Denver Post's Al Lewis Falsely Flogs Immigrants As The Key To Capitalism's Success.
Print Friendly and PDF

Recently I was in one of my favorite cities, Denver. My eye was caught by the lead Business Section column by Al Lewis [send him mail] in the December 3rd Denver Post "Capitalism thrives with immigration" caught my eye. Lewis' selective citing of statistics proves once again that "figures don't lie, but liars can figure."

Mr. Lewis begins with familiar open border canards,

"Immigrants don't just take jobs. They create them. Of U.S. publicly traded companies that got their start with venture capital financing over the past 15 years, one out of every four boasted an immigrant founder, according to a recent study by the National Venture Capital Association, based in Arlington, Va.

"Today, these companies are valued at more than $500 billion. Many are among the world's most technologically sophisticated, and some are household names.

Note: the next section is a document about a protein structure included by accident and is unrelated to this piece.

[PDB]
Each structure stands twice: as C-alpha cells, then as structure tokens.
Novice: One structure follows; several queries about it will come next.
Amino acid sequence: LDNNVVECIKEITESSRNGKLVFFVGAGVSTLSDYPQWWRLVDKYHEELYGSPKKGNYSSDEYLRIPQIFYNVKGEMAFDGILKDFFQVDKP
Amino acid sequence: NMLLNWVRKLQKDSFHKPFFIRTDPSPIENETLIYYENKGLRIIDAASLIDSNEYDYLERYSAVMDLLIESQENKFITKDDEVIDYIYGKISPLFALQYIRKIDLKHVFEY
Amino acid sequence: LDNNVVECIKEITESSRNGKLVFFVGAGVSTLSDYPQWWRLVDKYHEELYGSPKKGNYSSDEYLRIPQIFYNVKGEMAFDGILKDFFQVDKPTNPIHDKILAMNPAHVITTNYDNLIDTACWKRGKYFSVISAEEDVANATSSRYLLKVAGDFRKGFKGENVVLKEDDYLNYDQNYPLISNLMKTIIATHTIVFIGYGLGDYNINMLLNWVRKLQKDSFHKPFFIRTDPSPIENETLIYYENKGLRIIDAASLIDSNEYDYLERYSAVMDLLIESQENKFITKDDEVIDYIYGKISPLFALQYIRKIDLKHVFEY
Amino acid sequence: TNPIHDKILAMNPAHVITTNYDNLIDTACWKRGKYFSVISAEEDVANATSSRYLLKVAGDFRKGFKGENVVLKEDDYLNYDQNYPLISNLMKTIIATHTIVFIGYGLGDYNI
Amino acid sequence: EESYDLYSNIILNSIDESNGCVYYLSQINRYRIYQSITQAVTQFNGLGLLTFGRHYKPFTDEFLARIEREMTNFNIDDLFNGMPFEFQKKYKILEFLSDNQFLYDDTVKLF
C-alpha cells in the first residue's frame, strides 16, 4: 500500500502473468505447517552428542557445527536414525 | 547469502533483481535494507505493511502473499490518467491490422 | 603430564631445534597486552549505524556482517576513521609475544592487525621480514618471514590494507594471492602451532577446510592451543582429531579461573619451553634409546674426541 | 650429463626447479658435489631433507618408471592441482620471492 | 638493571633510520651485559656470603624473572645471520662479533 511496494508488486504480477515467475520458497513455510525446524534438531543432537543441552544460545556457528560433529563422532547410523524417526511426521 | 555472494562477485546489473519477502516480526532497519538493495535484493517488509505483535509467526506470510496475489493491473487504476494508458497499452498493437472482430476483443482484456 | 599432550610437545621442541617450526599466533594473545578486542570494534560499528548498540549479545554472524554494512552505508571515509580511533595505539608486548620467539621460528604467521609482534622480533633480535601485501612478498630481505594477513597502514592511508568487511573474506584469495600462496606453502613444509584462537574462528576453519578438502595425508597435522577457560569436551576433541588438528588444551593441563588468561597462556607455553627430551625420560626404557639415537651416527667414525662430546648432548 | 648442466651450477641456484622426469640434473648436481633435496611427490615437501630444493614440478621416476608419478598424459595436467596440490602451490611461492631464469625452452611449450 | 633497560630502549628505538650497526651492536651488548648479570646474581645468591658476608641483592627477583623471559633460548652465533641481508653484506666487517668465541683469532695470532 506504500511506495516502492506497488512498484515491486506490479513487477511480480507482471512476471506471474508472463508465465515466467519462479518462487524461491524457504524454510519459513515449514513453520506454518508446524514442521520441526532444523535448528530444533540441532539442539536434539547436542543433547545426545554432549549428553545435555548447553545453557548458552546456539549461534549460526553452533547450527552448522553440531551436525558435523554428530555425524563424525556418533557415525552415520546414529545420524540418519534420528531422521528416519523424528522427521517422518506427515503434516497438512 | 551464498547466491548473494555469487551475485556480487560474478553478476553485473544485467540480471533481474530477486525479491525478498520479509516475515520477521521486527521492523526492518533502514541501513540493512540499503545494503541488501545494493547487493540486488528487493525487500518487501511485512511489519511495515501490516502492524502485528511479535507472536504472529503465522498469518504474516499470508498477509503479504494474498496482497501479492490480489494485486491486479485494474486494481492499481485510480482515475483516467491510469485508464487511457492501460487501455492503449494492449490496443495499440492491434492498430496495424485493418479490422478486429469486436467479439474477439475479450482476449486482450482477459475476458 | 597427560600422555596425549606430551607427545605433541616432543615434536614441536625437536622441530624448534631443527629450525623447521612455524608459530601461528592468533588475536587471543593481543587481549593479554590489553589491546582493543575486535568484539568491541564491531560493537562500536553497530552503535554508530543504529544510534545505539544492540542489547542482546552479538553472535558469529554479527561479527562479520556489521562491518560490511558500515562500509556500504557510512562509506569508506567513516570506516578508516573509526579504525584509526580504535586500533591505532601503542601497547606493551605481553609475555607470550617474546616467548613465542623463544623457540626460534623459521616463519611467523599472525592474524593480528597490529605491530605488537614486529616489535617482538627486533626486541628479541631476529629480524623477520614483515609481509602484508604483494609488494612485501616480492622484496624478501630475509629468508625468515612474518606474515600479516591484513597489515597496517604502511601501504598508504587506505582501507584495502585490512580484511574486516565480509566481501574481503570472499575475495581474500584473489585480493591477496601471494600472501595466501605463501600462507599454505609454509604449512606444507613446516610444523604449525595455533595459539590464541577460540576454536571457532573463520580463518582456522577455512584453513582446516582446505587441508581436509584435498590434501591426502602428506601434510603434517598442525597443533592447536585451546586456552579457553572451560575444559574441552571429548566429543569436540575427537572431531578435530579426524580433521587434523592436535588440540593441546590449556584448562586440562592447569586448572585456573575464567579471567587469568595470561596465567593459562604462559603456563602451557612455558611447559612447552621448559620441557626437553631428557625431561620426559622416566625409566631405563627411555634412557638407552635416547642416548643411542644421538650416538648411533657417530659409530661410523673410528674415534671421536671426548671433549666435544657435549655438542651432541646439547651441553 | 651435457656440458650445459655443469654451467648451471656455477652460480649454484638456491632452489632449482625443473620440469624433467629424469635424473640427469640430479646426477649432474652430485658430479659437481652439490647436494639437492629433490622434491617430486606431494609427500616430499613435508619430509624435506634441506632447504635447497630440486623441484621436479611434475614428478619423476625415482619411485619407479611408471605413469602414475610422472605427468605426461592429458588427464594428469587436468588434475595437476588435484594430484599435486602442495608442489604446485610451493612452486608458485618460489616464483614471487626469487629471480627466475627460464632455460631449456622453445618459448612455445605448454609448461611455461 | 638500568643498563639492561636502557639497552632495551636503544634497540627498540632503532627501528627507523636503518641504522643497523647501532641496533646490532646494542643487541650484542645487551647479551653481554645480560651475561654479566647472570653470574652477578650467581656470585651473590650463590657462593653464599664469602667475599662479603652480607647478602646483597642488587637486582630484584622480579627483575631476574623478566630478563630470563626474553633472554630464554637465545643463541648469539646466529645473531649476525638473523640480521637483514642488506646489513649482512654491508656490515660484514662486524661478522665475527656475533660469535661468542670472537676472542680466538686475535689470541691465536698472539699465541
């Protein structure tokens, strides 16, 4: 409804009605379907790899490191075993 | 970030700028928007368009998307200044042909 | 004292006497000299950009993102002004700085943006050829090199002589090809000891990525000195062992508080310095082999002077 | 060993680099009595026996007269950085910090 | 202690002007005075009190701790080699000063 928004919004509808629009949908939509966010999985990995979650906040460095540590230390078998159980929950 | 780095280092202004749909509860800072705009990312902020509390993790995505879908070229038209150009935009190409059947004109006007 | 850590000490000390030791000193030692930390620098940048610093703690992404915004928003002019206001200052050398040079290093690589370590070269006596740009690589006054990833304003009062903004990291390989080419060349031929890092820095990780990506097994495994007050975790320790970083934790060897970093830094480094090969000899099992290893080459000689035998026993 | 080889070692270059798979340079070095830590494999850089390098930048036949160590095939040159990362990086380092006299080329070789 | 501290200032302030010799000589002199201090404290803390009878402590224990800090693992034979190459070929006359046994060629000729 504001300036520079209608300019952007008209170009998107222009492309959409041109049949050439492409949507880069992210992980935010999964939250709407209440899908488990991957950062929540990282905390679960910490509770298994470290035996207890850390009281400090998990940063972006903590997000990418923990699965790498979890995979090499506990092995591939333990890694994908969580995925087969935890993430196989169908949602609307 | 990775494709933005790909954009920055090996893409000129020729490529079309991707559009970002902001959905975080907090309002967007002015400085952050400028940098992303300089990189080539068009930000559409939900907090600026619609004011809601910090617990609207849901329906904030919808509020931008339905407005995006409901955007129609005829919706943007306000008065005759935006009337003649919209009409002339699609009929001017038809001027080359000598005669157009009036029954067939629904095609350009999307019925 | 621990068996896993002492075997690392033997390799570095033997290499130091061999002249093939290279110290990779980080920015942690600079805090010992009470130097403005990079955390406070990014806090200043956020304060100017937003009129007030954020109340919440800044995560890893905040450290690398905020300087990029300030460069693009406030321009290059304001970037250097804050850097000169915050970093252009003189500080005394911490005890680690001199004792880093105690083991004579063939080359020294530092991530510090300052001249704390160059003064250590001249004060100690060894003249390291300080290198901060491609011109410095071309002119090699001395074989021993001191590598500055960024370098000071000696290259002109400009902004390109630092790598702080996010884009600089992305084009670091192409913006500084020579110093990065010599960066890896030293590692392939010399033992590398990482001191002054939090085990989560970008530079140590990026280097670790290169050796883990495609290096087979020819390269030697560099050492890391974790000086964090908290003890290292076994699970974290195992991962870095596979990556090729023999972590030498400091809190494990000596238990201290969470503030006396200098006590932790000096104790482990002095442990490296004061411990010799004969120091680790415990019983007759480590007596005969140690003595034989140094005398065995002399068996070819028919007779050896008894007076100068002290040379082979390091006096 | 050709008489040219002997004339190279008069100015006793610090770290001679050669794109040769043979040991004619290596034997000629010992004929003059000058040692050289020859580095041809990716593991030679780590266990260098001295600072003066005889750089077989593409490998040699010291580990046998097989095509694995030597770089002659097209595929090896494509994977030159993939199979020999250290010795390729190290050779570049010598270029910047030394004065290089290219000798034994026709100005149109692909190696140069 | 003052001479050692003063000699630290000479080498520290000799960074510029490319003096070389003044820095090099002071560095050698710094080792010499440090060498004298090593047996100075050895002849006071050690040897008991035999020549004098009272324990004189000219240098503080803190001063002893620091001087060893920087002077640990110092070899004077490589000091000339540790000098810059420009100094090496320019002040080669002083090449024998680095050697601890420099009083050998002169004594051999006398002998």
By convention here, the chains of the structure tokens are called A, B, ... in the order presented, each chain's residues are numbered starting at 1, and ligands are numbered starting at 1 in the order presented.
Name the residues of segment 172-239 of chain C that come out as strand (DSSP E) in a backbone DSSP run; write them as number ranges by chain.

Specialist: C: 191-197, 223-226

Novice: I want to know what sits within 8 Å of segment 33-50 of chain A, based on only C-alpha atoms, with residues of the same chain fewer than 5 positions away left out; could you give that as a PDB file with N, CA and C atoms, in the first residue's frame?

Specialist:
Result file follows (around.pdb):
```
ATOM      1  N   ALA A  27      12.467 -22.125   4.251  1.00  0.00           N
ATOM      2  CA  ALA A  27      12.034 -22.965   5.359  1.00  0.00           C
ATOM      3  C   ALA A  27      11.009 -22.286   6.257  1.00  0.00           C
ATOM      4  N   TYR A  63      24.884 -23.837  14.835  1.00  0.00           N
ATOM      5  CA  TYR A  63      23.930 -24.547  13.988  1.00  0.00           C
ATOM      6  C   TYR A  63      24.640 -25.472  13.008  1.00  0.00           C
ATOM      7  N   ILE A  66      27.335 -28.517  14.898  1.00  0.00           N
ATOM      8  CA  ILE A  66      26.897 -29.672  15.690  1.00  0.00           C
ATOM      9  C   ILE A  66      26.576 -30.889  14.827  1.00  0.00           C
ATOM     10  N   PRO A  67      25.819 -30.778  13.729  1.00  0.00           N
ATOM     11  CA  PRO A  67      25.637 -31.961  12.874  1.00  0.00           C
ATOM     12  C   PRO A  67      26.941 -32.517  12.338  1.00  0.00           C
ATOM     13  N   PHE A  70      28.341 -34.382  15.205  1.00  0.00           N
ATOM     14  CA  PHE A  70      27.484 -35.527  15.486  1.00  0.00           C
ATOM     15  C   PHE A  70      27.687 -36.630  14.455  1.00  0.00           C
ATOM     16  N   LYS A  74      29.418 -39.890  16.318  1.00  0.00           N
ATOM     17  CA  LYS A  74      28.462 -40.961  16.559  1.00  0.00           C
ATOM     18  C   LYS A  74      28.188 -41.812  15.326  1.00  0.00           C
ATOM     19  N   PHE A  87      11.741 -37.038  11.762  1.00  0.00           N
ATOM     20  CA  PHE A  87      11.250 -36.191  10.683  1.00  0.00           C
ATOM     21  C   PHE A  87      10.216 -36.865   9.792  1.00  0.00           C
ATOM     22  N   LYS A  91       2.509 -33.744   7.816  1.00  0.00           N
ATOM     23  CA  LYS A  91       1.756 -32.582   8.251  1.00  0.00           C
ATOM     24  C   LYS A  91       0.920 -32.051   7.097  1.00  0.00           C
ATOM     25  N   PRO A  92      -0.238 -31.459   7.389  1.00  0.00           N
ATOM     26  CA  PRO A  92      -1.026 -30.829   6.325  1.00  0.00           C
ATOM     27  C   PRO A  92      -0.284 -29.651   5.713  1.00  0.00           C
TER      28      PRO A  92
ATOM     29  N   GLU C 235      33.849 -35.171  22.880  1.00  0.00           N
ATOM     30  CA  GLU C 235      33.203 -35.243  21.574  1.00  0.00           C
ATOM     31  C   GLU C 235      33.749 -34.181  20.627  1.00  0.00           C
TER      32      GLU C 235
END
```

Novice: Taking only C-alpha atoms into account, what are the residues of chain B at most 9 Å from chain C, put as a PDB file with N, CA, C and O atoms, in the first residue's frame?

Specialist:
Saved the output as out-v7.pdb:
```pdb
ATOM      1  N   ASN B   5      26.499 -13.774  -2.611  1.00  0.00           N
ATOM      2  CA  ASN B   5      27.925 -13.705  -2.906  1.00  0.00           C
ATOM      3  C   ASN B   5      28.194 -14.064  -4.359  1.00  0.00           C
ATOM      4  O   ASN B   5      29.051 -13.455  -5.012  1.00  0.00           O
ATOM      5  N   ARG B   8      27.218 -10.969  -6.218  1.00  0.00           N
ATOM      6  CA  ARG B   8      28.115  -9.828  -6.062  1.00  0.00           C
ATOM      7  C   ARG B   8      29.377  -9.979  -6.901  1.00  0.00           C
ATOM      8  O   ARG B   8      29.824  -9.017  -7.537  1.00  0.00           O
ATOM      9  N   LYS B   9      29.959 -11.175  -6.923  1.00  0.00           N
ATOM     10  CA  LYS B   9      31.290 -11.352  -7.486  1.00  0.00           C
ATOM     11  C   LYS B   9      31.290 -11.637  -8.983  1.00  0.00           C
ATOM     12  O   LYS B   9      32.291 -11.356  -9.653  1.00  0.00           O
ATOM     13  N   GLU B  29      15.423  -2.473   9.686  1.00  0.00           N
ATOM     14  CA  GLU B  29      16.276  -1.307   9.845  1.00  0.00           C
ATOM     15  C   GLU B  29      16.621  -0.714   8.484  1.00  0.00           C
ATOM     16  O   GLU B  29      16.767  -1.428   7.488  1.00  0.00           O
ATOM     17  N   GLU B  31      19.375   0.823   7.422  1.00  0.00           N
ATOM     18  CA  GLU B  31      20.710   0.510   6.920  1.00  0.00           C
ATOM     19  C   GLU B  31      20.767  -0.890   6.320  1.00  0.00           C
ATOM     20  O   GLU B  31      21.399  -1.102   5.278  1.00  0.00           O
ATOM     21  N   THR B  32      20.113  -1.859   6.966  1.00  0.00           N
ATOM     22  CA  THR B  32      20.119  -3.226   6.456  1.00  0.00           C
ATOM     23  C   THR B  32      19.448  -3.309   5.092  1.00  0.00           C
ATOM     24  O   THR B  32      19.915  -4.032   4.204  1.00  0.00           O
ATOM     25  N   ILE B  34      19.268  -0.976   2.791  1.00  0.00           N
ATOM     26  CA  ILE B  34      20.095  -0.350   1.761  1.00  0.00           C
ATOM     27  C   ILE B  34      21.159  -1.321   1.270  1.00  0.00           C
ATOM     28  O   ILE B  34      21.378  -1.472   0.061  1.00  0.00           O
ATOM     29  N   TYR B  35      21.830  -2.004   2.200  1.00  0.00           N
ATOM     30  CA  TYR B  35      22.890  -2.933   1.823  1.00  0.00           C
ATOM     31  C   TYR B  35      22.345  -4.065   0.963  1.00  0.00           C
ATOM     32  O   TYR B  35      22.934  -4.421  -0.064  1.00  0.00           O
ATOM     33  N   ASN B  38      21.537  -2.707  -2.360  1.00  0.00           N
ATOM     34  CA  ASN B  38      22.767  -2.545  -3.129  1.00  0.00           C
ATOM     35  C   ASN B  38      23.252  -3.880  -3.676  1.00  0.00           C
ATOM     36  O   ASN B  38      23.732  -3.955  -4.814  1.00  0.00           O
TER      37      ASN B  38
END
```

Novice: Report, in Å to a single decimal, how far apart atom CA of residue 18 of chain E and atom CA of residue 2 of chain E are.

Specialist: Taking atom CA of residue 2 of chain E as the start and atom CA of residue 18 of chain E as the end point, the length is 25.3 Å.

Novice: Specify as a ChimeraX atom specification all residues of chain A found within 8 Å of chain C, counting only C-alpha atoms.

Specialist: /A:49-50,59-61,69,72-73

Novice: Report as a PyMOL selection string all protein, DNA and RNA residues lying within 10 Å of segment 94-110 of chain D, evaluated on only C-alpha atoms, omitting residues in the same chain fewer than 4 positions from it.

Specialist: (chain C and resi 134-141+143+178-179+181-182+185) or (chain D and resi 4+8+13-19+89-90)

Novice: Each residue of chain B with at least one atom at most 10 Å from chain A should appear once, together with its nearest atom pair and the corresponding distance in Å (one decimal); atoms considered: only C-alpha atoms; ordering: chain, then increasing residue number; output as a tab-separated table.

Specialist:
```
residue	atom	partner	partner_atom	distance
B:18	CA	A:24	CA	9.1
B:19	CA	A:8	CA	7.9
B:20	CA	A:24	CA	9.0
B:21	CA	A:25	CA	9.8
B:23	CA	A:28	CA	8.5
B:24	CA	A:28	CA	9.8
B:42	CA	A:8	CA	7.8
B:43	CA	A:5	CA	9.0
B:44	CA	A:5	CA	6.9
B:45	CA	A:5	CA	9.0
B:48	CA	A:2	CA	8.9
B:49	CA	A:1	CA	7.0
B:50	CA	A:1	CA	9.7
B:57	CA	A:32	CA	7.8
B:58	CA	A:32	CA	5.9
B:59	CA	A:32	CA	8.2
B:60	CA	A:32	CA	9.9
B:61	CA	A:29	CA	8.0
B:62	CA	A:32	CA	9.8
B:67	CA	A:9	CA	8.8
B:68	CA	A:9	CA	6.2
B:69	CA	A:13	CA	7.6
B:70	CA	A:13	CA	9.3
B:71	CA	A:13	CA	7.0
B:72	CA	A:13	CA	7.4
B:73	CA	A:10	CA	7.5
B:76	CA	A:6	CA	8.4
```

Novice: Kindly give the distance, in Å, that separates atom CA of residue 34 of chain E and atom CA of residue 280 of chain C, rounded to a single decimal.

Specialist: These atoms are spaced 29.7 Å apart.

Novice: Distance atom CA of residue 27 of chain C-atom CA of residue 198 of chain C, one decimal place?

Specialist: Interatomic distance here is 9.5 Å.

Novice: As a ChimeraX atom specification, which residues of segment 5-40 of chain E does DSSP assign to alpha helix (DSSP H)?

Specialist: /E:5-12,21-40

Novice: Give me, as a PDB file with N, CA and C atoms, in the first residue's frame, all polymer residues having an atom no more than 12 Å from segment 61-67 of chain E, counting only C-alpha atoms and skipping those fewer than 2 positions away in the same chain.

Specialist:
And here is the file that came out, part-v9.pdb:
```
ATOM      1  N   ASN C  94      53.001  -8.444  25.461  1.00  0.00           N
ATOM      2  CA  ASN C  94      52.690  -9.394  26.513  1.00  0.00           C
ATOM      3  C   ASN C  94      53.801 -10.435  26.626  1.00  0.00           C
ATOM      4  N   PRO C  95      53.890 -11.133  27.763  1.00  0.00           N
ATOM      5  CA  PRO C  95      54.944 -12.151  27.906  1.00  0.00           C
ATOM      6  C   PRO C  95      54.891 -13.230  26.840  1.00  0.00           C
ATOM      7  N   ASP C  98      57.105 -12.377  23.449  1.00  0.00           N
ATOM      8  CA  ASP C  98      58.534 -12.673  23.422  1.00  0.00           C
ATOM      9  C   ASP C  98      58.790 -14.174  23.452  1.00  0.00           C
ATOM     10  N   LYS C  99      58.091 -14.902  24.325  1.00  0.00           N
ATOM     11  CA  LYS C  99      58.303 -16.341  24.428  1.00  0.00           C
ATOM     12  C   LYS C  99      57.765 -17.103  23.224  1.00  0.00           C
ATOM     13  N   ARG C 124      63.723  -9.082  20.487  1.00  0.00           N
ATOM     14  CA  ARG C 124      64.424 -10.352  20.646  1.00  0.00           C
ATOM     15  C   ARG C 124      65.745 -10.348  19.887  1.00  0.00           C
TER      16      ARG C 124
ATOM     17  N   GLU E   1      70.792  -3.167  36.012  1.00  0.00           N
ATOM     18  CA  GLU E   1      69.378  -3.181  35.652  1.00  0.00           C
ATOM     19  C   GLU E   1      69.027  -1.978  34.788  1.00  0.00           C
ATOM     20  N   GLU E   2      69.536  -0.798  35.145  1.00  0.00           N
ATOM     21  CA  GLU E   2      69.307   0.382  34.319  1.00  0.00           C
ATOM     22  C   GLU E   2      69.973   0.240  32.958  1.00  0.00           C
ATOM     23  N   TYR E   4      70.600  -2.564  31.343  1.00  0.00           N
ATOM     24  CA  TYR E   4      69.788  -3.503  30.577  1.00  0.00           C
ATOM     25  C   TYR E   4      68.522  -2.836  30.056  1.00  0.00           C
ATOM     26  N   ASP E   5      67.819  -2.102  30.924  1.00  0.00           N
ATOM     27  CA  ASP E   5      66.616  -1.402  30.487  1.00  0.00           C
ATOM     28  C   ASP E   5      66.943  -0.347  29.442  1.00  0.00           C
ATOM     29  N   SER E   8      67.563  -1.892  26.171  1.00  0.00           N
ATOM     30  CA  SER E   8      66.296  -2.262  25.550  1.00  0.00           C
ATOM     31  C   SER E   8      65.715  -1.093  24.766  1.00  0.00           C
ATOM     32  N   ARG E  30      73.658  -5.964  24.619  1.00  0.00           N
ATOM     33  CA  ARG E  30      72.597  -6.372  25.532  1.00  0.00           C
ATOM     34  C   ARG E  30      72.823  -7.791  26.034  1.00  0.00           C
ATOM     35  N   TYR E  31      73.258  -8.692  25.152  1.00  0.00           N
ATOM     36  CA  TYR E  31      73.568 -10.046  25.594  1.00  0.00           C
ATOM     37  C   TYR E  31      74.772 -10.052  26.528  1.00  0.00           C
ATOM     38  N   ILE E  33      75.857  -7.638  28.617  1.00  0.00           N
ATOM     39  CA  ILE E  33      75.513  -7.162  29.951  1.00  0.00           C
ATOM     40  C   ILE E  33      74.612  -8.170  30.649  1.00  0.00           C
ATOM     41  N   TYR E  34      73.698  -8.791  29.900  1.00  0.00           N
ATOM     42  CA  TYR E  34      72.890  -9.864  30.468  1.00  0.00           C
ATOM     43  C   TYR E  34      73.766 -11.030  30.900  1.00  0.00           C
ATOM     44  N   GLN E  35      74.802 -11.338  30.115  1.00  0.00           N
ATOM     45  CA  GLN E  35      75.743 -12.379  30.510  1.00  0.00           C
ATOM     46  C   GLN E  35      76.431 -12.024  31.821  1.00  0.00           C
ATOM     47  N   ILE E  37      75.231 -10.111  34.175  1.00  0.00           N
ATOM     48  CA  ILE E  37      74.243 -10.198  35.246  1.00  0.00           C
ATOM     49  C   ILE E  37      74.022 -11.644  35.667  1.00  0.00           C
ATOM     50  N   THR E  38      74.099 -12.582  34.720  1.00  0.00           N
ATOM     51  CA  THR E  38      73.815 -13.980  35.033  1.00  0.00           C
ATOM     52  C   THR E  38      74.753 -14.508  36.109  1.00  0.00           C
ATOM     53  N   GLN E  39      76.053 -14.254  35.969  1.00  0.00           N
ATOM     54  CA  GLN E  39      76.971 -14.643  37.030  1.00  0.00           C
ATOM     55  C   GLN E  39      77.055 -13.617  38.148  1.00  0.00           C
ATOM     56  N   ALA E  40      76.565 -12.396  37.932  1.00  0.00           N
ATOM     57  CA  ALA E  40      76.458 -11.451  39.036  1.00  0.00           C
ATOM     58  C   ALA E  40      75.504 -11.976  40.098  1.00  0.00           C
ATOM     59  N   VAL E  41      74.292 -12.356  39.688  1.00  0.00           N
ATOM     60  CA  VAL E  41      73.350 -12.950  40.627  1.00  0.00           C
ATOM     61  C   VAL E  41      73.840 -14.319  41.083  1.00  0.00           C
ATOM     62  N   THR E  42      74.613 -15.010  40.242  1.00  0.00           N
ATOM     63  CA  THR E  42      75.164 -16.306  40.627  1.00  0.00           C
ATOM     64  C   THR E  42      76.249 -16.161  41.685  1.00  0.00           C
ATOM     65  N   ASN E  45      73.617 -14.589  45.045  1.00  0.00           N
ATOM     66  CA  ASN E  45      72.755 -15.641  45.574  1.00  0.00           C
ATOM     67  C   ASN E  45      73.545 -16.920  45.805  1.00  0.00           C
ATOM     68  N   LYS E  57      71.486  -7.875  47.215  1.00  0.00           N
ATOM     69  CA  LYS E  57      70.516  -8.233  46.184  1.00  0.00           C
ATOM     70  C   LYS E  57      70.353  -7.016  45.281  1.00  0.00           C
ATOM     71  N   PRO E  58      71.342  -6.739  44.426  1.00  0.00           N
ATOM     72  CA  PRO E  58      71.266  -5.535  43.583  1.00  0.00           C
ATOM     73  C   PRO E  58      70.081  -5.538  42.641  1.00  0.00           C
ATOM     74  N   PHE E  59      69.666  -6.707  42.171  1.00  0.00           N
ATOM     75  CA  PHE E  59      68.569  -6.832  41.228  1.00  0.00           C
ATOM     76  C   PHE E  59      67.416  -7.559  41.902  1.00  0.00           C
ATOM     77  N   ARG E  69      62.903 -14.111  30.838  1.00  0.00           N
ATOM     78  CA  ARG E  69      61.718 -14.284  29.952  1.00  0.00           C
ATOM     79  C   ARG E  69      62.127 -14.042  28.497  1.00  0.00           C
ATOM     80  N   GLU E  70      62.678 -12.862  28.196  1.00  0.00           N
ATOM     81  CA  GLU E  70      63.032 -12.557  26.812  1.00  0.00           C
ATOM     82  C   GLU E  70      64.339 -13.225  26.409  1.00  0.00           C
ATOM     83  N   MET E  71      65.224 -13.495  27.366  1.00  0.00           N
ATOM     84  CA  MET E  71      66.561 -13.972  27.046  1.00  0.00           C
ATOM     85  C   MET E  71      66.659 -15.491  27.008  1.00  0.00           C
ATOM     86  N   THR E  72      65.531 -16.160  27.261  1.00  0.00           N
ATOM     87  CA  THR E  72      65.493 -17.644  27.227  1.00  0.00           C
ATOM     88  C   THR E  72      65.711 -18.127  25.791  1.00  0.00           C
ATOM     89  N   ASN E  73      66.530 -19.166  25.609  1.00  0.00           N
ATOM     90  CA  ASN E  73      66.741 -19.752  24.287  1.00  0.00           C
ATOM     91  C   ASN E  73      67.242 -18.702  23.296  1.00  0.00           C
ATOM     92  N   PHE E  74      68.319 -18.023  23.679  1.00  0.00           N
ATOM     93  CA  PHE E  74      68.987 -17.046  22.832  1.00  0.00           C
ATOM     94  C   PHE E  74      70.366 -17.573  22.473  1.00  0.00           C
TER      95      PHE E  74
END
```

"Imagine life without Intel, founded by Hungarian Andy Grove; or Google, founded by Russian Sergey Brin; or Yahoo, founded by Jerry Yang of Taiwan; or eBay, founded by Pierre Omidyar of France; or Sun Microsystems, founded by Andreas Bechtolsheim of Germany and Vinod Khosla of India."

Mr. Lewis apparently wants us to believe that Mr. Grove and the others cited above are in the same group as the vast majority of the 30-million plus uneducated masses who have come here since our immigration laws were reformed in 1965.  To be sure, many of these immigrants are employed by American businesses, but often at the slave wage level.